Guardian | The National Security Agency monitored the phone conversations of 35 world leaders after being given the numbers by an official in another US government department, according to a classified document provided by whistleblower Edward Snowden.
The confidential memo reveals that the NSA encourages senior officials in its "customer" departments, such the White House, State and the Pentagon, to share their "Rolodexes" so the agency can add the phone numbers of leading foreign politicians to their surveillance systems.
The document notes that one unnamed US official handed over 200 numbers, including those of the 35 world leaders, none of whom is named. These were immediately "tasked" for monitoring by the NSA.
The revelation is set to add to mounting diplomatic tensions between the US and its allies, after the German chancellor Angela Merkel on Wednesday accused the US of tapping her mobile phone.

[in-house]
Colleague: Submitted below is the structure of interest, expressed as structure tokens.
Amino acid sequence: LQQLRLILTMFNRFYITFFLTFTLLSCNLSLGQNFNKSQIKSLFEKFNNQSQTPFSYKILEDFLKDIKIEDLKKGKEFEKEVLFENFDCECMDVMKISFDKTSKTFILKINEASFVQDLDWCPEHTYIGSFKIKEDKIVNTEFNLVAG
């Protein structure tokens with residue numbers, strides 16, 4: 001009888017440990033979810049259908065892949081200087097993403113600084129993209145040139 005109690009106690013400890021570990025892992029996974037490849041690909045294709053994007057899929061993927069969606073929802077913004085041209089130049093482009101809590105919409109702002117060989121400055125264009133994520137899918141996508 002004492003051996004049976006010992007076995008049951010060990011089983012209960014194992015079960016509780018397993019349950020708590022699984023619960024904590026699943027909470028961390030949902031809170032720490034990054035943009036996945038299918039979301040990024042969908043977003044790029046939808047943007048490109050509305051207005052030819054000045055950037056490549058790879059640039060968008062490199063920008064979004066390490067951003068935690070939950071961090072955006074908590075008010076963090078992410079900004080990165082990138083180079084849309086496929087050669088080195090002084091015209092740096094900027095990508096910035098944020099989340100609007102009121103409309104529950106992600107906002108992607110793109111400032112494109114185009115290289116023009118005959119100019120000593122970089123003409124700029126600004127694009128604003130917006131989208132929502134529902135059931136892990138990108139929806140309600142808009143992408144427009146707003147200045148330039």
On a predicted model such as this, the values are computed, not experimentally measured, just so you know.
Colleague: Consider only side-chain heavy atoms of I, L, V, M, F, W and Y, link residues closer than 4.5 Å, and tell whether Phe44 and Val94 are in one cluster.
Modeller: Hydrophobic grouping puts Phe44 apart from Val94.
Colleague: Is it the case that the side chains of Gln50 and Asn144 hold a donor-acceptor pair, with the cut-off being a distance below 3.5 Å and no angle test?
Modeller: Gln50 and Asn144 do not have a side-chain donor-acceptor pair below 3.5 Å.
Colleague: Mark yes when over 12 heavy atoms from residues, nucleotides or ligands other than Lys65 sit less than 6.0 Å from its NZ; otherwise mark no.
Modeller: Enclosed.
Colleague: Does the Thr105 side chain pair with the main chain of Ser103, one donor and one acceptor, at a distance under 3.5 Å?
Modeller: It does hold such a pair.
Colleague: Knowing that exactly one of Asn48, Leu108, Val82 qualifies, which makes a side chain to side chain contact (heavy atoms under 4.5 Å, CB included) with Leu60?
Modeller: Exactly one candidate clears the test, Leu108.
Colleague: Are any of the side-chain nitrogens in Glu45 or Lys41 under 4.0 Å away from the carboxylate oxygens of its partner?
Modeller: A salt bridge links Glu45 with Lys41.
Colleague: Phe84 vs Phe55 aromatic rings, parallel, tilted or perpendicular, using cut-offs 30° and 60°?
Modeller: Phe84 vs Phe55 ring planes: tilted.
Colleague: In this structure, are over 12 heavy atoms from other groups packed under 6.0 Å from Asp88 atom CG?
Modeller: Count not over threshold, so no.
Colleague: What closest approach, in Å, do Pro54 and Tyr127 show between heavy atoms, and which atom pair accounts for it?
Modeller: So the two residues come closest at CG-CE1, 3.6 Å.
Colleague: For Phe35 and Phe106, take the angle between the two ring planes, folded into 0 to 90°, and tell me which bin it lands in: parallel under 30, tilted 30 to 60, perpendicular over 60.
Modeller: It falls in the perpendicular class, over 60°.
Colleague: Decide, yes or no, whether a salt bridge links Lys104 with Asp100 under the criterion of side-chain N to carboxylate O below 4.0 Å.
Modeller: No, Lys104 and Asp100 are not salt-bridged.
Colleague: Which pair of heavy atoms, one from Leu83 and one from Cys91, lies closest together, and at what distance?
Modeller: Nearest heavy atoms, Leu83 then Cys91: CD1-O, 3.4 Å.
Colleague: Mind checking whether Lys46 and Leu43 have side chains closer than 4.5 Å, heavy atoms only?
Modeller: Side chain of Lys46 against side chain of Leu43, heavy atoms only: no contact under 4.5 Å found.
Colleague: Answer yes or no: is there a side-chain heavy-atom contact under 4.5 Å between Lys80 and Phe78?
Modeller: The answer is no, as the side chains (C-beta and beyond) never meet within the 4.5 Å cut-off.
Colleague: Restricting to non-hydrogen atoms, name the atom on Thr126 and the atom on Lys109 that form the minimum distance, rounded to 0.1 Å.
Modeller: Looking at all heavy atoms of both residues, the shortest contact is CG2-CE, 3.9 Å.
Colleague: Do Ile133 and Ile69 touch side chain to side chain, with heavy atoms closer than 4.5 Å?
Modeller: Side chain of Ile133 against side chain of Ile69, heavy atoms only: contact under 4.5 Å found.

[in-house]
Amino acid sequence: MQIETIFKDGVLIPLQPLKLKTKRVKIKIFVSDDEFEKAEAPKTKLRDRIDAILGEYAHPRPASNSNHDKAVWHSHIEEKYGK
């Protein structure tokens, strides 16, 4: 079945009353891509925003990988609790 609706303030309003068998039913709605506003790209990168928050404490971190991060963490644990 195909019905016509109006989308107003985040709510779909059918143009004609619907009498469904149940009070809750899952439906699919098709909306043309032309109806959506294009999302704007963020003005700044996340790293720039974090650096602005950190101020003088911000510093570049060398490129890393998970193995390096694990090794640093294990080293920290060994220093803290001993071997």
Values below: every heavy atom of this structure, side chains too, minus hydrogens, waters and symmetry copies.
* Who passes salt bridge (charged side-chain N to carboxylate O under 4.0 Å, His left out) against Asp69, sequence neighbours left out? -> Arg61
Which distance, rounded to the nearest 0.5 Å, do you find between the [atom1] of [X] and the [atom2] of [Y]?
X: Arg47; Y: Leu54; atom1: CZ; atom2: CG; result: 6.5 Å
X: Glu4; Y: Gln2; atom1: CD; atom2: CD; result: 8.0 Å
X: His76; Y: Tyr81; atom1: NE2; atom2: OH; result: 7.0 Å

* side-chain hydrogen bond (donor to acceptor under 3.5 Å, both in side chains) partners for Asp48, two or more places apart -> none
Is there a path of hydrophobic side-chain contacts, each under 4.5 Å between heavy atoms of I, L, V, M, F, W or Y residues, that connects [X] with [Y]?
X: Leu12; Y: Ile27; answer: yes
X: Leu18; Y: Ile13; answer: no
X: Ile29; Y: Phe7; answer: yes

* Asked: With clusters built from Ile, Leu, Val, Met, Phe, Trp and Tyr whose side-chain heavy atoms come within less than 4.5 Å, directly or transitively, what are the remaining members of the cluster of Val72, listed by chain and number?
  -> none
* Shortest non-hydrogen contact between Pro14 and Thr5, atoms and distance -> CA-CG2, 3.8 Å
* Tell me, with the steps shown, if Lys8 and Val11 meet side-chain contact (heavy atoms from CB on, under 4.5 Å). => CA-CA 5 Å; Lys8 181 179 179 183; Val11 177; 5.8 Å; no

After Merkel's allegations became public, White House press secretary Jay Carney issued a statement that said the US "is not monitoring and will not monitor" the German chancellor's communications. But that failed to quell the row, as officials in Berlin quickly pointed out that the US did not deny monitoring the phone in the past.
The NSA memo obtained by the Guardian suggests that such surveillance was not isolated, as the agency routinely monitors the phone numbers of world leaders – and even asks for the assistance of other US officials to do so.
The memo, dated October 2006 and which was issued to staff in the agency's Signals Intelligence Directorate (SID), was titled "Customers Can Help SID Obtain Targetable Phone Numbers".
It begins by setting out an example of how US officials who mixed with world leaders and politicians could help agency surveillance.